You may not think that cardboard is particularly newsworthy, unless you’re a journalist, writing for specialist publications aimed at experts ranging from packaging designers to cardboard tube suppliers, but its sheer functionality actually means that it is rarely out of the news.
If you’re deciding whether cardboard packaging is the right choice for you, just take a look at how versatile it can be, as highlighted in UK newspaper articles over the last couple of weeks.
Did you know that cardboard is capable of deterring thieves – and not just by ensuring that your goods are securely packed in transit? Well, apparently it is, or more specifically, police officers made from the material are!
The British Transport Police have started the latest trial using a cardboard police officer cut-out in a Boots Store in Queen’s Street, Glasgow. It’s supposed to put shoplifters off by making them more aware of real officers on patrol and, if successful, cardboard officers could be popping up in shops across Scotland.
The scheme has already been trialled in Leeds, and it is reported than English police have spent over £50,000 on officers made of cardboard, with more than half of all of the forces in the UK having funded replicas since 2008.
Meanwhile, in Cornwall, cardboard polling booths hit the headlines after the local authority spent over £11,000 to buy 700 booths in a bid to save money. However, it seems that some more work needs to be done on the design, as wooden and plastic models were used during the general election to ensure maximum privacy for voters. The cardboard booths may still get their moment of glory however, as there is a possibility that they will be put to use in 2016 for the Police and Crime Commissioner elections.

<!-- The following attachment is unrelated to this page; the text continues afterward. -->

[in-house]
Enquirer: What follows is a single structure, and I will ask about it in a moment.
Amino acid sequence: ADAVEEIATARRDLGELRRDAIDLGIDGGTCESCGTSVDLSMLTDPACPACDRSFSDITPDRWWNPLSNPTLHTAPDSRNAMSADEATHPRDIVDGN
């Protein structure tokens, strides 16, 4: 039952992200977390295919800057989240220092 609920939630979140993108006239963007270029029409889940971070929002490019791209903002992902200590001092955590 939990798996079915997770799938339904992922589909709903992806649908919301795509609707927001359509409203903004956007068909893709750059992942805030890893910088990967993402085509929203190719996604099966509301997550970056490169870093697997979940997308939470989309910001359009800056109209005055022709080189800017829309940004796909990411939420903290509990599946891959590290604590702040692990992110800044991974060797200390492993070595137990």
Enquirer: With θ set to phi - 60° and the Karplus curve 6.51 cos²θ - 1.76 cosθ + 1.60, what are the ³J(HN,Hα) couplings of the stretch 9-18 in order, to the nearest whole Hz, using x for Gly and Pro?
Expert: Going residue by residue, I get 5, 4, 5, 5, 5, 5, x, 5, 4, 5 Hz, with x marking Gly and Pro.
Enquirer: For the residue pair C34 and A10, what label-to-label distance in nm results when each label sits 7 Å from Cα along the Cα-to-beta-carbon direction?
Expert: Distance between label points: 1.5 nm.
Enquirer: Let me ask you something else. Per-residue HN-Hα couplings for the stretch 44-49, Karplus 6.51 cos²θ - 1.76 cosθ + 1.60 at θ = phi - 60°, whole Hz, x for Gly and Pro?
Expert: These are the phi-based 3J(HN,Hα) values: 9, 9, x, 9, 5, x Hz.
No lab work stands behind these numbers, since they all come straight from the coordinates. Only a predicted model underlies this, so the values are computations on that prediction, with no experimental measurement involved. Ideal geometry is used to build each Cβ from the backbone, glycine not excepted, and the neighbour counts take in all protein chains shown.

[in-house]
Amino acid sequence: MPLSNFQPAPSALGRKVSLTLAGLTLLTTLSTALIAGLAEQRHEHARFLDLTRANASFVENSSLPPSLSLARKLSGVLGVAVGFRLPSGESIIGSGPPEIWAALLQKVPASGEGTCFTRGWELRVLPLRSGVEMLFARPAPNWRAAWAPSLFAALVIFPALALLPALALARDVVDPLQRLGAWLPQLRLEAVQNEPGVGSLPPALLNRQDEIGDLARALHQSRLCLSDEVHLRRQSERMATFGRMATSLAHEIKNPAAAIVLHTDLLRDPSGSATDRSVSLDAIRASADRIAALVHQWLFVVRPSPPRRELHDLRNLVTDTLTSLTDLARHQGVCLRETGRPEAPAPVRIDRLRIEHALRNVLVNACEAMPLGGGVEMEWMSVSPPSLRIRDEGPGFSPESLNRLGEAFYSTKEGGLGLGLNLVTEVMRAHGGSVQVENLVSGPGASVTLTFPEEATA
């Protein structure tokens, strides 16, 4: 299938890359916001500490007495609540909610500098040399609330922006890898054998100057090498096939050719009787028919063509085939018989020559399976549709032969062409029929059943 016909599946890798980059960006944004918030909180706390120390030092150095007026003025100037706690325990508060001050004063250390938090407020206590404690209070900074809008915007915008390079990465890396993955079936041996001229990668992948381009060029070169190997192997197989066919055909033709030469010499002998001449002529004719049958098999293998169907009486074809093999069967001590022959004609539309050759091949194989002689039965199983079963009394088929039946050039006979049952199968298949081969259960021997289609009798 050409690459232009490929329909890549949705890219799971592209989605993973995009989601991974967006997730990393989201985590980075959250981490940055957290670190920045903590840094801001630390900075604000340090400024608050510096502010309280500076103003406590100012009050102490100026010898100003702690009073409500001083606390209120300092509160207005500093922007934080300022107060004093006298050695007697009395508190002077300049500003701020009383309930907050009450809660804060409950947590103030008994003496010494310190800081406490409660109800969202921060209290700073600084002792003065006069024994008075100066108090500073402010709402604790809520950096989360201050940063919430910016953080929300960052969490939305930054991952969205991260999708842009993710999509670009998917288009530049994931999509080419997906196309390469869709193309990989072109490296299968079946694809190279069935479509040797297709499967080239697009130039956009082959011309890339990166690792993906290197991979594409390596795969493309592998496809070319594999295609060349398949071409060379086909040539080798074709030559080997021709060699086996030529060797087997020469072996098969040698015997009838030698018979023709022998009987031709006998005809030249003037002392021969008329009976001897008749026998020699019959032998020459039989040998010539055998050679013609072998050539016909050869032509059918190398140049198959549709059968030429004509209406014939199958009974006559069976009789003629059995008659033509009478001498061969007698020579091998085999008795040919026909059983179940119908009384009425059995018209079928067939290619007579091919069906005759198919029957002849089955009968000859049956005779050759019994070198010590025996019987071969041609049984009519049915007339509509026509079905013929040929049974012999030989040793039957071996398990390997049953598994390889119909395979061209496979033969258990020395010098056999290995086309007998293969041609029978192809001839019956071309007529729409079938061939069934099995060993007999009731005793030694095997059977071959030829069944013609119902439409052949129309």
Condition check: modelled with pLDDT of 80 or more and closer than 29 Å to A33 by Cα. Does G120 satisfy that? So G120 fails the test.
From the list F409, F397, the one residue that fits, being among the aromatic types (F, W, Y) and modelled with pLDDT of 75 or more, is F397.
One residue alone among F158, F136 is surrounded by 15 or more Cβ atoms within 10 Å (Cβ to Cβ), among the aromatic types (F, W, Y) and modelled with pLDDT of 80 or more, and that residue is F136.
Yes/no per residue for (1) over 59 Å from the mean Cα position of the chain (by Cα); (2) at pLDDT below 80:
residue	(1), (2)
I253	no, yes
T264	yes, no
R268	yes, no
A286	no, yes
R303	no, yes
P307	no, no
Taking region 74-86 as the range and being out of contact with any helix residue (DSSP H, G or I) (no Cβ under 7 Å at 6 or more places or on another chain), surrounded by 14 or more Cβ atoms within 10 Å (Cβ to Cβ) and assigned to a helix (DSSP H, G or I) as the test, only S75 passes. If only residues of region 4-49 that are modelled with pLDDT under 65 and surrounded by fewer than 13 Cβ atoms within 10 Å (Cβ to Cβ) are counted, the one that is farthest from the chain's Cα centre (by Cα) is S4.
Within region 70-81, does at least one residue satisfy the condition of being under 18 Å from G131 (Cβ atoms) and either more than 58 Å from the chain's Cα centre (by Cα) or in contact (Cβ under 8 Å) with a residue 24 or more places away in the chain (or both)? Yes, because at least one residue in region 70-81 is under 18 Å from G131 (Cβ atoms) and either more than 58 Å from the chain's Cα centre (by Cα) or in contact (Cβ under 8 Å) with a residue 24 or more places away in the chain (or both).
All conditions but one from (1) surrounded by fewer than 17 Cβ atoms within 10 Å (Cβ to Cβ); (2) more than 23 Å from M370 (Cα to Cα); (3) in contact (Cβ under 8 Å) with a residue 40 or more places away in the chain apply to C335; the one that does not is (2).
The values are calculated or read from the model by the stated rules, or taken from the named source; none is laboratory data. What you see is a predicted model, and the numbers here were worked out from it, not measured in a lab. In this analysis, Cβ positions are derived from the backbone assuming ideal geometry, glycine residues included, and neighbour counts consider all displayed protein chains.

Google Cardboard, a fold-out smartphone mount made of cardboard, was the surprise hit of 2014 in the technology world, offering users the chance to experience virtual reality at a fraction of the cost of other equipment. It has proved so popular, in fact, that Google has announced a new certification scheme to unify all of the headsets capable of working with the Cardboard software under one badge.
And finally, a fly tipper from East Sussex was fined after driving almost 300 miles from to Salford to dump some bin bags and two cardboard boxes. He obviously hadn’t read the previous Holmes Mann blogs on how best to recycle unwanted packaging materials.
(Sources: Daily Record, Scotland May 2015; BBC website April 2015; Wikipedia; Manchester Evening News May 2015)